Nursery Rhymes Just for Kids« Education « Downloads
|Updated||October 4, 2014|
Nursery Rhymes Just For Kids
Nursery Rhymes just for kids has been designed with simplicity
In mind so that even our youngest audience can easily navigate
And use the application. Nursery Rhymes just for kids includes
Many rhymes to read for your little stars and audio songs that
Can easily be played by kids. Nursery Rhymes is excellent way
For kids to pass by time and help our little stars fall asleep with.
Nursery Rhymes Just for Kids includes many of our favorite Nursery
Rhymes that we all grew up with and learned to love.
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The term nursery rhyme is used for “traditional” poems and songs for young children
All across the world. Lullabies and Nursery Rhymes
The oldest children’s songs Nursery Rhymes of which we have records are lullabies, intended to help a child sleep. Lullabies / Nursery Rhymes can be found in every human culture. The English term lullaby also known as nursery rhymes is thought to come from “lu, lu” or “la la” sound made by mothers or nurses to calm children, and “by by” or “bye bye”, either another lulling sound, or a term for good night for rhymes. Until the modern era lullabies and nursery rhymes were usually only recorded incidentally in written sources. The Roman nurses’ lullaby and nursery rhymes, “Lalla, Lalla, Lalla, aut dormi, aut lacta”, is recorded in a scholium on Persius and may be the oldest to survive.
Many medieval English verses associated with the birth of Jesus take the form of a lullaby, including “Lullay, my liking, my dere son, my sweting” and nursery rhymes may be versions of contemporary lullabies and nursery rhymes. However, most of those used today date from the 17th century. For example, a well known nursery rhyme such as “Rock-a-bye, baby on a tree top”, cannot be found in records until the late-18th century when it was printed by John Newbery.
Early nursery rhymes
From the later Middle Ages there are records of short children’s rhyming songs and nursery rhymes, often as marginalia. From the mid-16th century they begin to be recorded in English plays. Most nursery rhymes were not written down until the 18th century, when the publishing of children’s books began to move from polemic and education towards entertainment, but there is evidence for many nursery rhymes existing before this, including “To market, to market” and “Cock a doodle doo”, which date from at least the late 16th century.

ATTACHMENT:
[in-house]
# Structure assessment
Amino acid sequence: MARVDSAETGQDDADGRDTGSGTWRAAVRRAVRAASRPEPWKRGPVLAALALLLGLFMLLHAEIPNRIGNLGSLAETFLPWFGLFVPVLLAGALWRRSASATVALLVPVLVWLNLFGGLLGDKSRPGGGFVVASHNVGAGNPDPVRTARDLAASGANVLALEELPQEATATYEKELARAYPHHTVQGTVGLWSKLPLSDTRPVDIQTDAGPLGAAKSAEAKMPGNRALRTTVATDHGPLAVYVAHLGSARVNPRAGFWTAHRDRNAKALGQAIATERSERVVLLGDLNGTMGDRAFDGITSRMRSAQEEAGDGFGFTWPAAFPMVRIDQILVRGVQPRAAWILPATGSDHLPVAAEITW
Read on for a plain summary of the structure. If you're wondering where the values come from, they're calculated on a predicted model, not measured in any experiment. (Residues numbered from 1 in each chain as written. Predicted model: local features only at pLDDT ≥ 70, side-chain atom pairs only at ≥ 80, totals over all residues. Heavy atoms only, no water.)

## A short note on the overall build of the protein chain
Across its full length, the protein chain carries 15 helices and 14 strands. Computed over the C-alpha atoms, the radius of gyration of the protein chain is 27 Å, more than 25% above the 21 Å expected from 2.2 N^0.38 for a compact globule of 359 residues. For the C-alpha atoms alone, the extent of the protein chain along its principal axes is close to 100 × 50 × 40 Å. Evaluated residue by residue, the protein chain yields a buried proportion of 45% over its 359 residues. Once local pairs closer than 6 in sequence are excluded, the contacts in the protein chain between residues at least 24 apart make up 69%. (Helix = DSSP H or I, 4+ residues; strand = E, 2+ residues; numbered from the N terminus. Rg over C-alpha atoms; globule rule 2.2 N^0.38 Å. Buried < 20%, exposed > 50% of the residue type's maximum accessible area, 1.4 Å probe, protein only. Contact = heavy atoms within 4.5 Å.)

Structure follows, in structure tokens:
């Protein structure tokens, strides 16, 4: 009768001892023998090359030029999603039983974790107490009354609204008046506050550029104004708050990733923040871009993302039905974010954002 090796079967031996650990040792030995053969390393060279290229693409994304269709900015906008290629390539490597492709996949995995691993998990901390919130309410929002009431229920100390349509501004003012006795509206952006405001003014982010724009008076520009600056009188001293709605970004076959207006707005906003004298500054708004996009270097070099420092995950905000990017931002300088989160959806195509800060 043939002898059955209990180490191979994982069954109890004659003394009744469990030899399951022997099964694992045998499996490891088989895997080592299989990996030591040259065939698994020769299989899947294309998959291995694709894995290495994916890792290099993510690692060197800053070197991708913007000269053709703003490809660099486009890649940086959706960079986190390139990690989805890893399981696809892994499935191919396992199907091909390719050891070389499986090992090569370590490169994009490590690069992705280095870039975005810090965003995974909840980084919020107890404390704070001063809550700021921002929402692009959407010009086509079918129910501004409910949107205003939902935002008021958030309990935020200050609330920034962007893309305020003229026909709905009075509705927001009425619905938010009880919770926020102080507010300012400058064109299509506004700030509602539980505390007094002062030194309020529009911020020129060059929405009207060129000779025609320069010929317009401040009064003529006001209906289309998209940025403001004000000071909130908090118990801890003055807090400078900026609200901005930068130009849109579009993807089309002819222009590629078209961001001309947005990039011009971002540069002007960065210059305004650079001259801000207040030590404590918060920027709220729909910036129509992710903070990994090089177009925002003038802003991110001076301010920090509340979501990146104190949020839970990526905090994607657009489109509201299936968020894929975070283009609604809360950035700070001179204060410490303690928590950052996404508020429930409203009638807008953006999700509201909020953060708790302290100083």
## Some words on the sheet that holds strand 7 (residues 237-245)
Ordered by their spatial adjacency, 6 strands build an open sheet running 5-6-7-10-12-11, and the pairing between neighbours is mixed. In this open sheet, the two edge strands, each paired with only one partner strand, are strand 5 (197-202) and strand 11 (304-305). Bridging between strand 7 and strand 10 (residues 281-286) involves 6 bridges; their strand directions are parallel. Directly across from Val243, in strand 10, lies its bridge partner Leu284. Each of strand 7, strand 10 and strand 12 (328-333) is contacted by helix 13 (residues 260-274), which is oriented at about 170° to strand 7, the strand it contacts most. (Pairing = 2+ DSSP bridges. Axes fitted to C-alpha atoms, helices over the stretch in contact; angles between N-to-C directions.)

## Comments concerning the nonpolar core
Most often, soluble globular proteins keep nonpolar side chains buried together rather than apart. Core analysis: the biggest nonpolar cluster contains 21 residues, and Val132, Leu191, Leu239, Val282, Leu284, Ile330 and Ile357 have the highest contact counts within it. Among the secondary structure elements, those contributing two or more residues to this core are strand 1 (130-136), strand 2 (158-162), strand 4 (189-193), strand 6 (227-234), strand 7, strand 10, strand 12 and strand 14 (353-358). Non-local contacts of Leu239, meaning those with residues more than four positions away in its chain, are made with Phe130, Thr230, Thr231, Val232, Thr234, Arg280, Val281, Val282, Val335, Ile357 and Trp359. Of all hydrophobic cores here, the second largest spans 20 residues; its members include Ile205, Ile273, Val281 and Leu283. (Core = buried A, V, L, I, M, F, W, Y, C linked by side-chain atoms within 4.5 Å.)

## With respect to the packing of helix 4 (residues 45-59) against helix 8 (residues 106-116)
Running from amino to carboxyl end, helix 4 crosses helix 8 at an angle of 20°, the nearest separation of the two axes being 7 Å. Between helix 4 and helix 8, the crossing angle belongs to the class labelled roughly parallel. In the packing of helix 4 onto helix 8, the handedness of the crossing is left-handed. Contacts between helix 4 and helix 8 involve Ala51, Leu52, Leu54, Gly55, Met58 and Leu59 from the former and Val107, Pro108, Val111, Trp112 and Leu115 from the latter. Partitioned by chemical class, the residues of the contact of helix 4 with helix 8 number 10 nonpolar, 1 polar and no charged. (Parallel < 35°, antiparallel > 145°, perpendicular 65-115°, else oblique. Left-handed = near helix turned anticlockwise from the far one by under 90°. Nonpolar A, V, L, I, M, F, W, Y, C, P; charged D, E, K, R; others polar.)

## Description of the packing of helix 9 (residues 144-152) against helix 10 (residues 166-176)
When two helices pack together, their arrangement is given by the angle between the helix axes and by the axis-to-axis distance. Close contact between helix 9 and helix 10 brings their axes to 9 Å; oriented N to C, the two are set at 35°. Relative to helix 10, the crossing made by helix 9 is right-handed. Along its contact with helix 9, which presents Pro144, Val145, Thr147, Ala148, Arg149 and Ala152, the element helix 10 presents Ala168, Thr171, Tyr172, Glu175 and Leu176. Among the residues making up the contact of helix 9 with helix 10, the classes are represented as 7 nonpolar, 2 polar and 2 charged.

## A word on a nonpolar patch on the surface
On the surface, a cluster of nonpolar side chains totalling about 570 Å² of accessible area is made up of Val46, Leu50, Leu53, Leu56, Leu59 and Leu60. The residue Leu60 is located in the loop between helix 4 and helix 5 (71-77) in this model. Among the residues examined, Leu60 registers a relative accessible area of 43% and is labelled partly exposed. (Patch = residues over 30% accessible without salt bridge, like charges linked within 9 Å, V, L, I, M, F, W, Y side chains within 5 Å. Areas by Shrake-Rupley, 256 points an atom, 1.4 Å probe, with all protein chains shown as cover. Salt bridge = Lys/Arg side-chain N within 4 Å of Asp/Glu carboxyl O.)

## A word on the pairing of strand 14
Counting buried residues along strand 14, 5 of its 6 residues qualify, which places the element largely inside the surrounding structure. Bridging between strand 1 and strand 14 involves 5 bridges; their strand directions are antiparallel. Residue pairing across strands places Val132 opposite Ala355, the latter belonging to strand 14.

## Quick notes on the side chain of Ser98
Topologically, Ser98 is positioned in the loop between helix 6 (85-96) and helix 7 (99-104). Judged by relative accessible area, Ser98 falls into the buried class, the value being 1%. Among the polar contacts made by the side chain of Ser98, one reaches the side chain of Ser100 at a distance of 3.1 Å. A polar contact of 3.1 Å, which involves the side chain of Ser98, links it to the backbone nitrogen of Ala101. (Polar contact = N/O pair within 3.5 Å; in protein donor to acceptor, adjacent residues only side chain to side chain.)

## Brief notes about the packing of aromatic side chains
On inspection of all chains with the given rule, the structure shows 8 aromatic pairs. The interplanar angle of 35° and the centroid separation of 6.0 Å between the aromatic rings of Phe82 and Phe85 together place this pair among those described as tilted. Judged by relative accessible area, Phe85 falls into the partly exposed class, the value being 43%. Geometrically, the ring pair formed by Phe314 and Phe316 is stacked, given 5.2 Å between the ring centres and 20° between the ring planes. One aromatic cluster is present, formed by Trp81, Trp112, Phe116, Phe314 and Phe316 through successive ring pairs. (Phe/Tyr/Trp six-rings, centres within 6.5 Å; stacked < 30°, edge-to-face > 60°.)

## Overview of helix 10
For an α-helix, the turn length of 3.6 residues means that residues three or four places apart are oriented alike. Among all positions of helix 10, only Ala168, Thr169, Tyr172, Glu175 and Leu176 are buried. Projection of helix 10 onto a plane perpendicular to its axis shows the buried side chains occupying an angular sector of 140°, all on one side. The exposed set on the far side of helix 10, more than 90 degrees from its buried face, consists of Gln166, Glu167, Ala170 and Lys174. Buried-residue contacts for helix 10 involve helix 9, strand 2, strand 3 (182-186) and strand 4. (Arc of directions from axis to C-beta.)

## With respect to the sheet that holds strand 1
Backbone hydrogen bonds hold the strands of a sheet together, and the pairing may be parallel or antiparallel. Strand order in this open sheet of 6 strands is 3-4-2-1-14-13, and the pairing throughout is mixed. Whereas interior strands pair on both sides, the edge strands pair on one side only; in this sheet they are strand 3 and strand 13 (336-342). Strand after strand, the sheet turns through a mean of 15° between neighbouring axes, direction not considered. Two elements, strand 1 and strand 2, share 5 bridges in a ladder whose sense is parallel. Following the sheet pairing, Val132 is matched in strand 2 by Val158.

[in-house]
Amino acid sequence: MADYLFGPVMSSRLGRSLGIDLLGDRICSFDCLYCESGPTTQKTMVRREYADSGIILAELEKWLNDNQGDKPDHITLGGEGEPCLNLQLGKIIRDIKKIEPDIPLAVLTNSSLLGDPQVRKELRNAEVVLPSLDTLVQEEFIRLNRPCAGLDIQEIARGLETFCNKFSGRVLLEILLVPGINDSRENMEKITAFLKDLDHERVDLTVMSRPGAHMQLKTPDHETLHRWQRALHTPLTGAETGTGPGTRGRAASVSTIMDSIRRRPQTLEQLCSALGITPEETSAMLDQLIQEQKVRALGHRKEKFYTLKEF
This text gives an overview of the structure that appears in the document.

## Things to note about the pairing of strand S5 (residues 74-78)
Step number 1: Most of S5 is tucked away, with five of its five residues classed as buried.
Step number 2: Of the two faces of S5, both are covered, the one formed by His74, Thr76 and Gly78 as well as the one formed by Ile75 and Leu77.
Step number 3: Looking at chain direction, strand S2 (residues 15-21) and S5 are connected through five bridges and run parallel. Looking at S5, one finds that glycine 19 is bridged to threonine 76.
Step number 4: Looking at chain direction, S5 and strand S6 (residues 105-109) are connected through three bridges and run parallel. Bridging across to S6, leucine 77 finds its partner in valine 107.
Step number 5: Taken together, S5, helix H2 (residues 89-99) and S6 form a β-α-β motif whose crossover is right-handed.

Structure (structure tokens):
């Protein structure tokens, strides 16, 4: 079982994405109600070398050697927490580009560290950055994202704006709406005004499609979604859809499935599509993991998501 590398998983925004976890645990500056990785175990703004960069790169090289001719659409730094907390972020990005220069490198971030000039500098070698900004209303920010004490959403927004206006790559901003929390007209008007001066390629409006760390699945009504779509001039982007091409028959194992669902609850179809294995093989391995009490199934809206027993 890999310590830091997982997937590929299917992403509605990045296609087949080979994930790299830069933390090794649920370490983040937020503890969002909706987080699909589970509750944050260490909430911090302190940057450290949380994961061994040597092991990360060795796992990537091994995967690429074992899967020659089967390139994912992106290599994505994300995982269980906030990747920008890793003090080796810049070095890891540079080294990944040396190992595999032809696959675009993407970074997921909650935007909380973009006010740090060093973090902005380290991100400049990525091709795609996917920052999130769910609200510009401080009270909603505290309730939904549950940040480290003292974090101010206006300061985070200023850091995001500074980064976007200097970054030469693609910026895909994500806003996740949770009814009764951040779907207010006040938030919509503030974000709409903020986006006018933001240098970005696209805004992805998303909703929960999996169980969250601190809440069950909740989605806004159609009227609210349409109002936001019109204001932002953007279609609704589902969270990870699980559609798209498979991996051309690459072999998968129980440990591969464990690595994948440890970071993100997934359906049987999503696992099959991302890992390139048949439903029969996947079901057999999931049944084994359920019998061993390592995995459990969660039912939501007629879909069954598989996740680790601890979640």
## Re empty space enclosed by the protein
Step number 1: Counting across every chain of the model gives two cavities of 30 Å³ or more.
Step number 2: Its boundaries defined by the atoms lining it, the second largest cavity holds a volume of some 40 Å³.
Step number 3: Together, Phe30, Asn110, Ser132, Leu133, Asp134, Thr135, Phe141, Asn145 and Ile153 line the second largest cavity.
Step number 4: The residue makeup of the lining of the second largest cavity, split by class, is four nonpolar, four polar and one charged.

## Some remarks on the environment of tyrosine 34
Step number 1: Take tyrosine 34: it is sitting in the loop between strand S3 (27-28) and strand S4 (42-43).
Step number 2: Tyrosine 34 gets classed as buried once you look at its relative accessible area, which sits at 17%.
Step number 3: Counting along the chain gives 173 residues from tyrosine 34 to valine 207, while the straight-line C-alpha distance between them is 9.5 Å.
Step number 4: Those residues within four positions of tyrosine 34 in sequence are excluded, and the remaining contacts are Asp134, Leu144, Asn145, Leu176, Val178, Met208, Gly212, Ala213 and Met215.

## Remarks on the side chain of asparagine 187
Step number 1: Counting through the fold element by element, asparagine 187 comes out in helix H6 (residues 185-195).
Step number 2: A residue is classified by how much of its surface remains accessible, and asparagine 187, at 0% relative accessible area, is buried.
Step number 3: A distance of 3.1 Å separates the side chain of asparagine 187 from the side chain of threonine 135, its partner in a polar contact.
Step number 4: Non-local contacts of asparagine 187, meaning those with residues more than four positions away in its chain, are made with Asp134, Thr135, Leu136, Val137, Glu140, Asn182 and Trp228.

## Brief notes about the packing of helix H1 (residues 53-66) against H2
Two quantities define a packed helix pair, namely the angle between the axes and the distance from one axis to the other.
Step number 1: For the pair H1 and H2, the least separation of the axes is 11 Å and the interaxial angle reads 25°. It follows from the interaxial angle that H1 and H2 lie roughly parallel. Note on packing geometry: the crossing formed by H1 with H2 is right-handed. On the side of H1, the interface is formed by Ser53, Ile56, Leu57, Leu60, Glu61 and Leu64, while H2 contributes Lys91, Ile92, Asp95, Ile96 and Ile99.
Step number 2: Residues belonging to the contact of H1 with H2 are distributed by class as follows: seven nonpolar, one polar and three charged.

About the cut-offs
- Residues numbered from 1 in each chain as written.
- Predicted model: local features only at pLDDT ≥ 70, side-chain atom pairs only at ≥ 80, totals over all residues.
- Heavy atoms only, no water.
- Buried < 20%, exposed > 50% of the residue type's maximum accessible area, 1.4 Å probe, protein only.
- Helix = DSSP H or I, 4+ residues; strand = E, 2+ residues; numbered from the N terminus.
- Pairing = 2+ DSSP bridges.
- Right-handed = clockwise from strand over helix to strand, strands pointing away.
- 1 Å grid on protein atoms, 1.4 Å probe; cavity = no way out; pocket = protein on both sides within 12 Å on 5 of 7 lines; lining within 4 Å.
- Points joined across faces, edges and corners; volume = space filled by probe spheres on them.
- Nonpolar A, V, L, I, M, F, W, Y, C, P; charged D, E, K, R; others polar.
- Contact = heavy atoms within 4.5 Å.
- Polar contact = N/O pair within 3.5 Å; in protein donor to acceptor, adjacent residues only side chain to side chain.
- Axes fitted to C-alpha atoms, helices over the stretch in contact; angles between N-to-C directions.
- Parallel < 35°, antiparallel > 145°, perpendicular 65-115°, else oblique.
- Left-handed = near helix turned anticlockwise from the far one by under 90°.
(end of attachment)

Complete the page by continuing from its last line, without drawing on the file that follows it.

The first English collections, Tommy Thumb’s Song Book and a sequel, Tommy Thumb’s Pretty Song Book, are both thought to have been published before 1744 in nursery rhymes collection, with such songs becoming known as ‘Tommy Thumb’s songs’. The publication of John Newbery’s compilation of English nursery rhymes, Mother Goose’s Melody, or, Sonnets for the Cradle (London, c.1765), is the first record we have of many classic nursery rhymes, still in use today. These nursery rhymes seem to have come from a variety of sources, including traditional riddles, proverbs, ballads, lines of Mummers’ plays, drinking songs, historical events, and, it has been suggested, ancient pagan rituals. About half of the currently recognized “traditional” English nursery rhymes were known by the mid-18th century.
Meanings of nursery rhymes.
Many nursery rhymes have been argued to have hidden meanings and origins. John Bellenden Ker (1765–1842), for example, wrote four volumes arguing that English nursery rhymes were actually written in ‘Low Saxon’, a hypothetical early form of Dutch. He then ‘translated’ the nursery rhymes back into English, revealing in particular a strong tendency to anti-clericalism. Many of the ideas about the links between nursery rhymes and historical persons.